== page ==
"We need to diversify our revenue base," Schrader said.
A tax on consumption would not only provide for a more even stream of revenue during boom and bust years, it would place a greater tax burden on tourists, business and individuals who earn their money under the table, he said. Schrader's plan would also allow most Oregonians to pay less in taxes.
But if a sales tax is the solution – and its unpopularity makes that doubtful — it couldn't happen until at least the next legislative session. Leachman says a much simpler solution is to adequately fund reserves.
"If we're saving enough in good times, that also creates stability in the system," Leachman told the Skanner.
The 2001 recession reduced the state's general fund by 15 percent. If that scenario were to repeat, the OCPP report says, the Legislature would need about $2 billion to keep state services at current levels. Just $321 million is in the bank.
Funding for the two reserve funds – the Education Stability Fund and Rainy Day Fund – will grow to about 6.8 percent of the General Fund Revenue by the end of the 2015 budget cycle, far short of the 15 percent needed to weather a 2001-level recession.
Leachman and Sheketoff argue that the Legislature should increase the cap on the fund to accommodate and put money from the income tax "kicker" into the Rainy Day Fund until that fund is capped, to properly prepare for any economic downturn. Some legislators are listening. Leachman says they have been asked to testify to the joint Senate and House Revenue Committee, and Sen. Ginny Burdick, D-Portland, has asked members of the Senate Finance and Revenue Committee to read the report.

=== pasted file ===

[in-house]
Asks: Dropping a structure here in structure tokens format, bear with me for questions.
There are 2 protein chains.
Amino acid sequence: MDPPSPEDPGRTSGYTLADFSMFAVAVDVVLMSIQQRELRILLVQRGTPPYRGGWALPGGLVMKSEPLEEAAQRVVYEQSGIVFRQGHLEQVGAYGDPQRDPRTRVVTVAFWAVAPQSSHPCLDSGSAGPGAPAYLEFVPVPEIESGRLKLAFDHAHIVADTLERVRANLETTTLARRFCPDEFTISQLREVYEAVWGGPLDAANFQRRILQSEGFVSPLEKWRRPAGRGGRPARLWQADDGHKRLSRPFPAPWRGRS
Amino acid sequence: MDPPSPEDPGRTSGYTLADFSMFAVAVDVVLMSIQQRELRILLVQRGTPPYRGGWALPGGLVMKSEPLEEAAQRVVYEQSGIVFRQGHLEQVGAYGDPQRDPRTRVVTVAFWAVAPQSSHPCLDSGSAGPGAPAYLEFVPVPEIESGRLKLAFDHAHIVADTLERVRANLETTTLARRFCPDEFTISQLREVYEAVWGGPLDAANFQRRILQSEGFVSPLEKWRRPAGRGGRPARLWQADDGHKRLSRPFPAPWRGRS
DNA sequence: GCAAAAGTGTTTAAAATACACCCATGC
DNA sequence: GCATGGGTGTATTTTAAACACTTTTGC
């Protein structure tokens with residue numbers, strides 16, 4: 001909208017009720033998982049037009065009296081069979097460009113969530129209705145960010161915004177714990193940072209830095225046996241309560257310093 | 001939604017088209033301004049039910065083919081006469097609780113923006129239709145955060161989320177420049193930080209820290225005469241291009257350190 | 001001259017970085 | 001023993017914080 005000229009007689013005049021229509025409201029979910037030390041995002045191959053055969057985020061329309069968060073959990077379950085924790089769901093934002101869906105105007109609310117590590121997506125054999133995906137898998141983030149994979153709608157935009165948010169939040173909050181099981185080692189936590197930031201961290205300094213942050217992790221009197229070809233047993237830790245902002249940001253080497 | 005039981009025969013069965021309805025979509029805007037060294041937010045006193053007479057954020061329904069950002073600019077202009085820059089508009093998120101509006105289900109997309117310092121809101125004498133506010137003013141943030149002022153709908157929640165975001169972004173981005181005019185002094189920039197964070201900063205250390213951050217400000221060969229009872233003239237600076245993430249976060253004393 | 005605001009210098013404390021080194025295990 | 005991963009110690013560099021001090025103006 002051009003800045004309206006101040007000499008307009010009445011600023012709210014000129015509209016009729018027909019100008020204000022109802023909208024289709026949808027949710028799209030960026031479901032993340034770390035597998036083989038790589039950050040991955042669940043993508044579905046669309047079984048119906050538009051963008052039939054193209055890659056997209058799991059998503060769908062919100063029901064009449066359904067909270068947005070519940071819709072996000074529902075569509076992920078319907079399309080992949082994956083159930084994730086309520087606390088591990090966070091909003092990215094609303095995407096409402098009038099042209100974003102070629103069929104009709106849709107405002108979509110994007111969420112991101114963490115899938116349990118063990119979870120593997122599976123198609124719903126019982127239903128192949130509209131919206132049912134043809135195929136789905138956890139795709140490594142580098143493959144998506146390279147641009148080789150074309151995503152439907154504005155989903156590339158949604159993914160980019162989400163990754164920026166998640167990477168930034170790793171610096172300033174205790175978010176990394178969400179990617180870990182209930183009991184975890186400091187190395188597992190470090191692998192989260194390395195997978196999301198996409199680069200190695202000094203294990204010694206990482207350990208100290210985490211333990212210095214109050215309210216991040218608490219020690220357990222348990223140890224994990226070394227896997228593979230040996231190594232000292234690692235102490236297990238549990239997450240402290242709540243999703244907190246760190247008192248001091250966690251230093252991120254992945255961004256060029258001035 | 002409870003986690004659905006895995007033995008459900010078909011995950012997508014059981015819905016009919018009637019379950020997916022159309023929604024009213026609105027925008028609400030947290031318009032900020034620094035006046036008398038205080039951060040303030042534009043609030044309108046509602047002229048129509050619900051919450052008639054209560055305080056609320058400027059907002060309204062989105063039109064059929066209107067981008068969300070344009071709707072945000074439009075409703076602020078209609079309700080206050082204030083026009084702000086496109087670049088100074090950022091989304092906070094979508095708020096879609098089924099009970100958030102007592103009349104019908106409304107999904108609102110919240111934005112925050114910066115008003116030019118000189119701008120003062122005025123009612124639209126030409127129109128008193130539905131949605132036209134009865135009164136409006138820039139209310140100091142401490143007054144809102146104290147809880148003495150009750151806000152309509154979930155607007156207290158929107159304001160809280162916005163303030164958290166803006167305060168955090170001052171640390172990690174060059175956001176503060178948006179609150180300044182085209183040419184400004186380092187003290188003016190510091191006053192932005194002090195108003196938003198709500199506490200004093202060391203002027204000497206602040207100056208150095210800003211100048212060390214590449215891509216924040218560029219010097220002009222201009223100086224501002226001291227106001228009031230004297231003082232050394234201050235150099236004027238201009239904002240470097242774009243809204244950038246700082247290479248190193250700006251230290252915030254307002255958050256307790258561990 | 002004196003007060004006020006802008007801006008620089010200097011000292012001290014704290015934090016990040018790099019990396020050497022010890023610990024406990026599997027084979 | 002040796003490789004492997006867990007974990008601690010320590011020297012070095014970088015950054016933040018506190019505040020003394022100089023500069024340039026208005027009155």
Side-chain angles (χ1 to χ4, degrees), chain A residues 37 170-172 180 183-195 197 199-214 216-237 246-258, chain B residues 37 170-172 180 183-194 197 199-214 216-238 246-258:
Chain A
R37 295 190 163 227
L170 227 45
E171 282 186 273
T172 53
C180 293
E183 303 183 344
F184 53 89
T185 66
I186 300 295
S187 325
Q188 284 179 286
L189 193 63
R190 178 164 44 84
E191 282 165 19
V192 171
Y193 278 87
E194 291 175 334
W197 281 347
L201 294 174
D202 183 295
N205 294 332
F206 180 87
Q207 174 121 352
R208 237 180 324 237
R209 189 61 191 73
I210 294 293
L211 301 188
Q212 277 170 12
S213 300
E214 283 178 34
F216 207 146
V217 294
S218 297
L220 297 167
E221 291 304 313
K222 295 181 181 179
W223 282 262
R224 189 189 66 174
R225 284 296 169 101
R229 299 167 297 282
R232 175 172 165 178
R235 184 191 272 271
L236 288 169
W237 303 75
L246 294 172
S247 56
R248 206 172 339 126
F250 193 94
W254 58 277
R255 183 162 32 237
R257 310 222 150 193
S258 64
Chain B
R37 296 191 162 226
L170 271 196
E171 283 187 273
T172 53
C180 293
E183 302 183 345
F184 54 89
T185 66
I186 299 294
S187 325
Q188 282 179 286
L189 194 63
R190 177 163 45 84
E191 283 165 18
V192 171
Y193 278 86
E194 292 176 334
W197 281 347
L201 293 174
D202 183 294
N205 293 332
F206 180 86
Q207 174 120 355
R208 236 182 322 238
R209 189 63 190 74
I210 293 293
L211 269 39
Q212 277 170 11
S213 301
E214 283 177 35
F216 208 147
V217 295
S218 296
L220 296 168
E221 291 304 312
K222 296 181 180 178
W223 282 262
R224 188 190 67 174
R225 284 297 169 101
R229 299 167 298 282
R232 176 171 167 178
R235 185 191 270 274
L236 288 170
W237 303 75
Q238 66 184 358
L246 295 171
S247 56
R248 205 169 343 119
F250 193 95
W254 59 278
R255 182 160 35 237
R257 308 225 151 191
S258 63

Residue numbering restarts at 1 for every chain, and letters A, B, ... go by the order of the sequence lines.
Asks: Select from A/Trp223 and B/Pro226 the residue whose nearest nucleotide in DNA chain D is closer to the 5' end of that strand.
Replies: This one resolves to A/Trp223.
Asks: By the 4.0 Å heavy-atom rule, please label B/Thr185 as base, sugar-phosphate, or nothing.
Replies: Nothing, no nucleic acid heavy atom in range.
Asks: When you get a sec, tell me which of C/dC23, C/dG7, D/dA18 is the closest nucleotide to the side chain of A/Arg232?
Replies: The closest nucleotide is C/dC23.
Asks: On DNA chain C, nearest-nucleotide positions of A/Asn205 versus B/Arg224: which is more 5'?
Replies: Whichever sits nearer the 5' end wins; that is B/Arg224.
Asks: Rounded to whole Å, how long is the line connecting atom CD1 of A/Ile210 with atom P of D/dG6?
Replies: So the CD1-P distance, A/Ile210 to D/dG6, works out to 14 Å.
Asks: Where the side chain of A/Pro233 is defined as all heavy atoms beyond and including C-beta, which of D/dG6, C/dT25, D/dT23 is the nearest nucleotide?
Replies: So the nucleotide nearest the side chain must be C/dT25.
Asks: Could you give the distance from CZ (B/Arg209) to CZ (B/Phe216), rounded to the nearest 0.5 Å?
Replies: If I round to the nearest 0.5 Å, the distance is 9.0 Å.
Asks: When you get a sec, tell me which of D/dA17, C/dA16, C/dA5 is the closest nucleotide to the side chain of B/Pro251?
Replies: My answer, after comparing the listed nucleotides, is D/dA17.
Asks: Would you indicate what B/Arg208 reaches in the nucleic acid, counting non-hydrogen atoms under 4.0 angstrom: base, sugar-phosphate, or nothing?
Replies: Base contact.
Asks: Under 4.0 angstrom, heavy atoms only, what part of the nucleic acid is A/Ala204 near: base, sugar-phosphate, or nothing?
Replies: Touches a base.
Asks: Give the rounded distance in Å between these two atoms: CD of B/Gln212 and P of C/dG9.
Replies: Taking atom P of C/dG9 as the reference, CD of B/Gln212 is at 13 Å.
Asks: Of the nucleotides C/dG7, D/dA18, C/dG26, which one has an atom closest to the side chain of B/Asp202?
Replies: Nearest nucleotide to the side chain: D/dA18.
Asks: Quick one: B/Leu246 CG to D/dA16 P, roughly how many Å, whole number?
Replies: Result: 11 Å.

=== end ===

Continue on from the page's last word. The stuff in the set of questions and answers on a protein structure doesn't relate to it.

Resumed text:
As for solutions, the report suggests these options:
• Set wage policies by living wage standards;
• Give workers a stronger voice, establish job standards for employers and industries receiving public assistance;
• Invest in training programs, publicly funded jobs programs;
• Provide assistance programs to those making less than a living wage;
• Increasing access to health care and expanding public programs that work.
Families Fare Worse
If the legislature isn't prepared for an economic downturn, neither are the people they are supposed to serve, according to the 2007 Northwest Job Gap Study, "Living in the Red: Northwest Family Budgets Falling Behind."
The report says what many lower-income families and individuals already know: mandatory expenses are rising faster — much faster — than wages.
How much money does it take to make ends meet for an average household with children in Oregon. According to the study, in Multnomah County hourly wages should be:
• $20.61 for a single parent with one child;
• $25.88 for a single parent with two children
• $23.57 for a two parent family with two children where one parent works;
• $32.72 for a two adult, two children family where both are working
The driving force behind much of the cost is health care, childcare and housing. Between 2002 and 2006, for example, health care costs increased about 39 percent for households with all working adults. The cost of living rose about 13 percent. Yet Wages increased by just 7.42 percent.
The study points out that close to four out of every 10 job openings pay less than $11.67 an hour, the living wage for a single adult.
"Even dual-income families, in which both adults are working, often find they are not earning enough," said the report. "Fewer employers offer affordable, comprehensive health insurance benefits and insurance on the private market is usually out of reach. As a result, more and more families … are one health emergency away from financial catastrophe."